Building on previous work to determine how many US jobs can be performed at home, the authors produce new estimates for 86 other countries. Their analysis reveals a clear positive relationship between income levels and the shares of jobs that can be done from home. For example, while fewer than 25 percent of jobs in Mexico and Turkey could be performed at home, this share exceeds 40 percent in Sweden and the United Kingdom. The striking pattern suggests that developing economies and emerging markets may face an even greater challenge in continuing to work during periods of stringent social distancing.
The authors conduct their analysis by merging their classification of whether each 6-digit SOC (Standard Occupation Classification) can be done at home based on the US O*NET surveys with the 2008 edition of the international standard classification of occupations (ISCO) at the 2-digit level.
The figure plots the author’s measure of the share of jobs that can be done at home in each country against its per capita income. They compute the jobs share using the most recent employment data available from the International Labour Organization (ILO) after restricting attention to countries that report employment data for 2015 or later. The income measure is GDP per capita (at current prices and translated into international dollars using PPP exchange rates) in 2019, obtained from the International Monetary Fund. They note that their classification assesses the ability to perform a particular occupation from home based on US data and that the nature of an occupation likely varies across economies with different income levels.
- Social Distancing Behavior and Political Polarization — Trump Vote Shares
Since the purpose of social distancing is to reduce the spread of a virus, in this case COVID-19, it matters greatly whether people believe in the need to take such precautions. If people infer lower risk from the same set of facts (e.g., population density, case counts and deaths), they may impose unnecessary health risks on others. Given the political divide in the US and how individuals consume news and information, the authors of this new research examine whether political partisanship affects the risk perceptions of individuals during the ongoing COVID-19 pandemic of 2020.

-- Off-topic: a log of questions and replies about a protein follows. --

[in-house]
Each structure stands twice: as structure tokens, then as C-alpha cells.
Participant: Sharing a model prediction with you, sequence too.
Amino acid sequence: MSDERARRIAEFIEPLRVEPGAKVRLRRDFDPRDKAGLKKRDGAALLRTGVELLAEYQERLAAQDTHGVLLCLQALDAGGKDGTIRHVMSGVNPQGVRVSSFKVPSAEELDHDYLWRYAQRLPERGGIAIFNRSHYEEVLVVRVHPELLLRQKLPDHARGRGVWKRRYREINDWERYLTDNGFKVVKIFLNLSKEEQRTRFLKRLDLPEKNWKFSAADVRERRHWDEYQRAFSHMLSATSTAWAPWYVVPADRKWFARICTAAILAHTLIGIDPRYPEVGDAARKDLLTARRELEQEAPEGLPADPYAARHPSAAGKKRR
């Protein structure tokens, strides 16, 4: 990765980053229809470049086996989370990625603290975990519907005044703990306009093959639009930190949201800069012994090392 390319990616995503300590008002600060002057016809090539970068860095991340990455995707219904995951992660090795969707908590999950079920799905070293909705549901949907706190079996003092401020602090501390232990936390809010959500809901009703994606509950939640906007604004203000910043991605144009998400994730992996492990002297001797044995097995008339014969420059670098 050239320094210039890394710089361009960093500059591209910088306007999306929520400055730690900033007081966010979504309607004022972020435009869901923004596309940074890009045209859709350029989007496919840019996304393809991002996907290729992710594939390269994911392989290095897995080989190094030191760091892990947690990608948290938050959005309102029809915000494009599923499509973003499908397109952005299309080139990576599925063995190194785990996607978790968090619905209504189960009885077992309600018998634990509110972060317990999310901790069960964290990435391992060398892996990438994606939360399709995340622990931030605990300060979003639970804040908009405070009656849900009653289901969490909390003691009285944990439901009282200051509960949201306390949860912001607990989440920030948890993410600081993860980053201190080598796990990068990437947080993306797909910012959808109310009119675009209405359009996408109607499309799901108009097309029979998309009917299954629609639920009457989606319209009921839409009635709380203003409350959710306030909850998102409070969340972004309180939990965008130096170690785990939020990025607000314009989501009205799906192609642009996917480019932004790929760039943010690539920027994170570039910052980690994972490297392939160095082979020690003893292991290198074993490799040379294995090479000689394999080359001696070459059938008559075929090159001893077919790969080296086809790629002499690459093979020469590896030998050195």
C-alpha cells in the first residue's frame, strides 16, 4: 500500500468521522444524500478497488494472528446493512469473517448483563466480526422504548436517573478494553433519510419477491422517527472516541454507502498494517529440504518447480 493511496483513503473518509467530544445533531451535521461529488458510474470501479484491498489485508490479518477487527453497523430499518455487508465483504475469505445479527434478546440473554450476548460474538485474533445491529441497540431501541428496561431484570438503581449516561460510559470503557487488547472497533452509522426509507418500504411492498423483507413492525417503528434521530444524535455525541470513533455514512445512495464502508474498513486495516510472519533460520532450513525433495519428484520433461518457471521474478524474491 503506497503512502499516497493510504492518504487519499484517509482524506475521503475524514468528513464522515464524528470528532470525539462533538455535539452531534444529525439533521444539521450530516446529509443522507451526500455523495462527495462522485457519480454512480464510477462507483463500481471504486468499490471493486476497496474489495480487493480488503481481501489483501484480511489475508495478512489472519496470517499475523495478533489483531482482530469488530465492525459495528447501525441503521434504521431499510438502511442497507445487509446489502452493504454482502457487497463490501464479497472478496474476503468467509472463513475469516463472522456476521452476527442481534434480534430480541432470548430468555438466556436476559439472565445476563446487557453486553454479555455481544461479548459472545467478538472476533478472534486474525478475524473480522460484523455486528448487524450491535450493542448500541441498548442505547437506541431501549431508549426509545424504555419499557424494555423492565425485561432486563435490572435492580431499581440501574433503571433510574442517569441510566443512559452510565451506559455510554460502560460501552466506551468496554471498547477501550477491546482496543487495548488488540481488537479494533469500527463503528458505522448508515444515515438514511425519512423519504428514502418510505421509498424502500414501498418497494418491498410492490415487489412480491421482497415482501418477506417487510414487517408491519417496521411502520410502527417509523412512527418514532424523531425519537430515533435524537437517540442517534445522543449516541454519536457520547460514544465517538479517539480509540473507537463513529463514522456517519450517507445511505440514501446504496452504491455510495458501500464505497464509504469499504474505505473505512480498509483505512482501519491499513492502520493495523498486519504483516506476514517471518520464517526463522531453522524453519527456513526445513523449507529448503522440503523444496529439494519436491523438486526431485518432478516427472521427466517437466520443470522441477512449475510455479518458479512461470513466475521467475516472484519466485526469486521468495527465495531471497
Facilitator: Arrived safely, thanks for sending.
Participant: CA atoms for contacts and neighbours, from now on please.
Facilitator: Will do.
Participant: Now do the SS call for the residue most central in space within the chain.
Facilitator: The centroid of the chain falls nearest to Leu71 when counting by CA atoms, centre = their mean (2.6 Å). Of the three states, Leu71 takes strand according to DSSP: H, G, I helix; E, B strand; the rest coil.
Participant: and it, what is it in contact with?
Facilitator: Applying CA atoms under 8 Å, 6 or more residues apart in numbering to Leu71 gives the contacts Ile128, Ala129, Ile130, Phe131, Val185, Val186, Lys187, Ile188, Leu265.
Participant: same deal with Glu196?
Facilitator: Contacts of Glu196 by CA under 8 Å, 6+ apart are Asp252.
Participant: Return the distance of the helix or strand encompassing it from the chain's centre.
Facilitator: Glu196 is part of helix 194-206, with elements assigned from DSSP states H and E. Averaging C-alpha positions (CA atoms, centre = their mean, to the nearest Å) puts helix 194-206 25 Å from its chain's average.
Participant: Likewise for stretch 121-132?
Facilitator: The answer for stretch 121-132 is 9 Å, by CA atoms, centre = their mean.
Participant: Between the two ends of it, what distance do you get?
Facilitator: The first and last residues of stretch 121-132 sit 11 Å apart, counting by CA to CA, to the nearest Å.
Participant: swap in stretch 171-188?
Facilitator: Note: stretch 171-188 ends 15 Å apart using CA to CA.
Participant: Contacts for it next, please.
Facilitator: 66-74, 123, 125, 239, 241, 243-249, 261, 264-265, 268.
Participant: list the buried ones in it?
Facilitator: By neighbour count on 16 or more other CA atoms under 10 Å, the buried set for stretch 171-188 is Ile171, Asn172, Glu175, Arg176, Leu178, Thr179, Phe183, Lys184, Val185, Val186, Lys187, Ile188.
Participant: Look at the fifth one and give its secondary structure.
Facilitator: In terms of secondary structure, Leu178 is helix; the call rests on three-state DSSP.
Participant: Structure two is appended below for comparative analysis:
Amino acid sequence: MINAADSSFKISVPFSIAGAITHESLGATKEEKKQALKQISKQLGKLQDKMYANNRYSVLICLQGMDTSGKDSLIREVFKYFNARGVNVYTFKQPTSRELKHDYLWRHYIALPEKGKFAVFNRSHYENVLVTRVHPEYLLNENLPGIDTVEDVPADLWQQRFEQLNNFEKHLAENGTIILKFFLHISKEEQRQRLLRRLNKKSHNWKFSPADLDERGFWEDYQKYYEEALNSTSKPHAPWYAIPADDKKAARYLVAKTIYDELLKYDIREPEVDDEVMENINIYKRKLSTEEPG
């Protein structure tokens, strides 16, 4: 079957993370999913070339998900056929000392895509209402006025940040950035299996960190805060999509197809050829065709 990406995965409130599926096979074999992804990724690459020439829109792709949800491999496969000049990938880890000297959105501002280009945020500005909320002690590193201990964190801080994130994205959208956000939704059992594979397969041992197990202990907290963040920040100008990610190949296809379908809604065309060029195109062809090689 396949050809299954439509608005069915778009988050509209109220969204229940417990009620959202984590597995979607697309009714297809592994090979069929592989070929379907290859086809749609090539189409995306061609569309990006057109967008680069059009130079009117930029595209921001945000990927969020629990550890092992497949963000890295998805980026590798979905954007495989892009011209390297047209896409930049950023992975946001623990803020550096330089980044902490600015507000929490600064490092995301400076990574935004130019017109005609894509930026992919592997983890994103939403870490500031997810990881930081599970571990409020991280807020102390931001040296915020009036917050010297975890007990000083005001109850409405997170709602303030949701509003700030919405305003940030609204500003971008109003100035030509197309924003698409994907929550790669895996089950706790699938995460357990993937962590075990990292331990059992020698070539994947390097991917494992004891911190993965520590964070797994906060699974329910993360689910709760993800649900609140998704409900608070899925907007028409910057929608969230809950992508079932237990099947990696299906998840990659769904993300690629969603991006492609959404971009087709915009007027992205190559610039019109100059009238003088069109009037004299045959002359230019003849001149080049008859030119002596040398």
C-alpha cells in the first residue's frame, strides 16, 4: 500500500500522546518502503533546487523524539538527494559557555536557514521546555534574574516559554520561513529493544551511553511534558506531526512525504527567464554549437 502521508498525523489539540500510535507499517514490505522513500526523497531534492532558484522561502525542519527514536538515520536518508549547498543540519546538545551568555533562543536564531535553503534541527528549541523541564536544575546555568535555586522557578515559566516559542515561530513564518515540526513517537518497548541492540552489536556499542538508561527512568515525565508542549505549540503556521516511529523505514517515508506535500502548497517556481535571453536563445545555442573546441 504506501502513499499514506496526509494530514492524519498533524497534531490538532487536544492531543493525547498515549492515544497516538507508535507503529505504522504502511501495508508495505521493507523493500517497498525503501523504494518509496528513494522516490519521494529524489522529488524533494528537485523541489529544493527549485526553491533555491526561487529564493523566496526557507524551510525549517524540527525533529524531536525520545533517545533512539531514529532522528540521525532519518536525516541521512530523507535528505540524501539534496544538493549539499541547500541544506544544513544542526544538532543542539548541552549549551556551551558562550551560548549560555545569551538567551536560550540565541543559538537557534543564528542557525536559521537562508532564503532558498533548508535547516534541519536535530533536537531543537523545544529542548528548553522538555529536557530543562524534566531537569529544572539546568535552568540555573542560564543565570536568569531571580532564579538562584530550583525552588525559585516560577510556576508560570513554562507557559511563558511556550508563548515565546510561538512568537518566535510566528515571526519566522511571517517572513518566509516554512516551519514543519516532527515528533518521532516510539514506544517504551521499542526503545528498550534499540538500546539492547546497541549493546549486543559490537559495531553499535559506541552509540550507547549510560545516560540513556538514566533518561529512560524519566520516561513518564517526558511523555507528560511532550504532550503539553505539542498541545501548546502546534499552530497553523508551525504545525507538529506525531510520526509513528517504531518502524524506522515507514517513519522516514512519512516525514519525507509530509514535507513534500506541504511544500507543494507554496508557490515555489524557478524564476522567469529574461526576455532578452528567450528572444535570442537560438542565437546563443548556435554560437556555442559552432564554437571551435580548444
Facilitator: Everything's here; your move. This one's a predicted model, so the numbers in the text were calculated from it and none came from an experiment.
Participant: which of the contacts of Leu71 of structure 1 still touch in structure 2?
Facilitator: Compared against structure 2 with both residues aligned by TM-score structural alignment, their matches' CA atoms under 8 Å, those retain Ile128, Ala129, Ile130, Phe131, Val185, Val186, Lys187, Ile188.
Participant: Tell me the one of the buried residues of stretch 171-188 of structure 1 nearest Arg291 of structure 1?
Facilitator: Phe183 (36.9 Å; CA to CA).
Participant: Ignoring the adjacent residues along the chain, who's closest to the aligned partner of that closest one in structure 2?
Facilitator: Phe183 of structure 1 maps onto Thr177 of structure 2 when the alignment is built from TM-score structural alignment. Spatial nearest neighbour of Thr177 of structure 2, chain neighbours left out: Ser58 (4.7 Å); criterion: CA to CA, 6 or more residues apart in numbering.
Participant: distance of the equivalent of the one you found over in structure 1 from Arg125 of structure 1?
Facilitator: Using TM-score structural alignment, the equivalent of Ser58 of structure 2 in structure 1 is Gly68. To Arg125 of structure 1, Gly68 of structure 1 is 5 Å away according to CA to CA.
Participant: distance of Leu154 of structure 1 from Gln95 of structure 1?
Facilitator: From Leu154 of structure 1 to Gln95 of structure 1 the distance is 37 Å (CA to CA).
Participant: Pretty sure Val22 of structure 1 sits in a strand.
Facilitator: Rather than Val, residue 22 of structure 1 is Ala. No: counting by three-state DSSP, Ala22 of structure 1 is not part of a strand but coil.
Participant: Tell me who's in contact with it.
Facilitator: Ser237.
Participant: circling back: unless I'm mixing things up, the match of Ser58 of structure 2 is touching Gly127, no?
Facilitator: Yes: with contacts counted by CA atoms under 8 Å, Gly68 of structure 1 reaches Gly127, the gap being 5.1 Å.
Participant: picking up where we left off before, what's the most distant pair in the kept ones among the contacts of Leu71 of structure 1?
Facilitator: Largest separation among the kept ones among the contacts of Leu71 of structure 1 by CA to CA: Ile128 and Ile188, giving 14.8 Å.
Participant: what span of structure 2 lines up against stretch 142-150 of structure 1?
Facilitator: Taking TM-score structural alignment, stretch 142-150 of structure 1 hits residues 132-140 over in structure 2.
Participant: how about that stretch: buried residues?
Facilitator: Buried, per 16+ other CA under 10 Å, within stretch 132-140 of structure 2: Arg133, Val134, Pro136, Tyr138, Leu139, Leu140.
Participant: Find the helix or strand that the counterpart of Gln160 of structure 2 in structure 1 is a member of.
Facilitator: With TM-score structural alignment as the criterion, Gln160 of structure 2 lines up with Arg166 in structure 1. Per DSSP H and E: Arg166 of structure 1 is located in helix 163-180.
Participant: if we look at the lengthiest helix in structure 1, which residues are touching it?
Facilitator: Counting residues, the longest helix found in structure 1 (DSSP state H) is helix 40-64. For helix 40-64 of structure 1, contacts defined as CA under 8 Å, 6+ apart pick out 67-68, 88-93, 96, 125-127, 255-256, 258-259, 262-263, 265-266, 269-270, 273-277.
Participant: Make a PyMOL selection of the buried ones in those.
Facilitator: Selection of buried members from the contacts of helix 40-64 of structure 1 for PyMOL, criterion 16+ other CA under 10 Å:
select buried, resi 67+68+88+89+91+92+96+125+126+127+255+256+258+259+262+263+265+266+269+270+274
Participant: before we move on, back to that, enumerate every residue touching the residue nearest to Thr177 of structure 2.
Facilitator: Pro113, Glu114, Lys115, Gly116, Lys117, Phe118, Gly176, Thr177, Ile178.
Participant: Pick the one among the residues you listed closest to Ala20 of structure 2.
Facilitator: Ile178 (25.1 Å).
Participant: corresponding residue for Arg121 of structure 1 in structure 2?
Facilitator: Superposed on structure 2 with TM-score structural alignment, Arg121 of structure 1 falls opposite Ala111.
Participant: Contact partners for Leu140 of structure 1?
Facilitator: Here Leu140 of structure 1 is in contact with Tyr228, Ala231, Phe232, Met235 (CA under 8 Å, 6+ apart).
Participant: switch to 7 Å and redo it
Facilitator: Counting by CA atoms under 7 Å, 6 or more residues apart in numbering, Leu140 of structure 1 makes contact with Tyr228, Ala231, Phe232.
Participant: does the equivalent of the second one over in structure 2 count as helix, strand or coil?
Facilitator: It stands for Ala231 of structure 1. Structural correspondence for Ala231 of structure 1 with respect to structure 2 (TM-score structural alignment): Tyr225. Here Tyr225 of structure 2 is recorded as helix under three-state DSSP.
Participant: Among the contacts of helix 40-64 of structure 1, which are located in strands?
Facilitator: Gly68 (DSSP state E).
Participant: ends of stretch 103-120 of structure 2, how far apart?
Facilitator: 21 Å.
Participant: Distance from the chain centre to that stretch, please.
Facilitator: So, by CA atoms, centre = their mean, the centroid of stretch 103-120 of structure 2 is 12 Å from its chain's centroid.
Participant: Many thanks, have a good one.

The authors use a number of measures to explore the effects of political partisanship on pandemic risk perceptions and, among other revealing insights (regarding, for example, pandemic-related internet searches), they find that while a higher incidence of confirmed COVID-19 cases results in a reduction in daily distance traveled, this effect is muted in counties that favored Donald Trump in the 2016 presidential election. For example, with a doubling of the number of confirmed COVID-19 cases in a county, the percent change in average daily change in distance traveled falls by 4.75 percentage points. However, for this same doubling in cases in a county, a one standard deviation increase in Trump voter share mutes this effect by 0.5 percentage points. Similar patterns are revealed when the authors examine the change in daily visits to non-essential businesses—residents in counties that favored Trump took more non-essential trips.
One of the provisions of the new stimulus bill is called Pandemic Unemployment Assistance, which will extend unemployment benefits to self-employed workers, including gig workers. This is very different from the response in the Great Recession, when UI was not extended to the self-employed. While todays’ provisions are not completely unprecedented—they are largely based on the 1974 Disaster Unemployment Act—nothing like this has ever happened at this scope and scale. The author’s new research on gig work provides some insight into how many gig workers might be newly eligible for new Unemployment Insurance.
In research examining administrative tax records, Koustas and his co-authors find that around 11% of the workforce engages in some type of gig work. If we define gig work as all independent contract/ freelancing, most gig work is not at all new (see Figure 1). While gig work has grown over the last few years, almost all of the recent growth has come from work mediated via new online platforms, the largest component of which are ridesharing platforms.
Around 60% of gig workers do this work as a “side-gig,” holding a “regular” job as a traditional employee. This share rises to 81% in the online platform economy. For these workers, unemployment benefits eligibility will almost certainly be determined based on their main, non-gig job. Still, millions of gig-only workers might now be eligible for benefits, represented by the yellow line in Figure 1 below.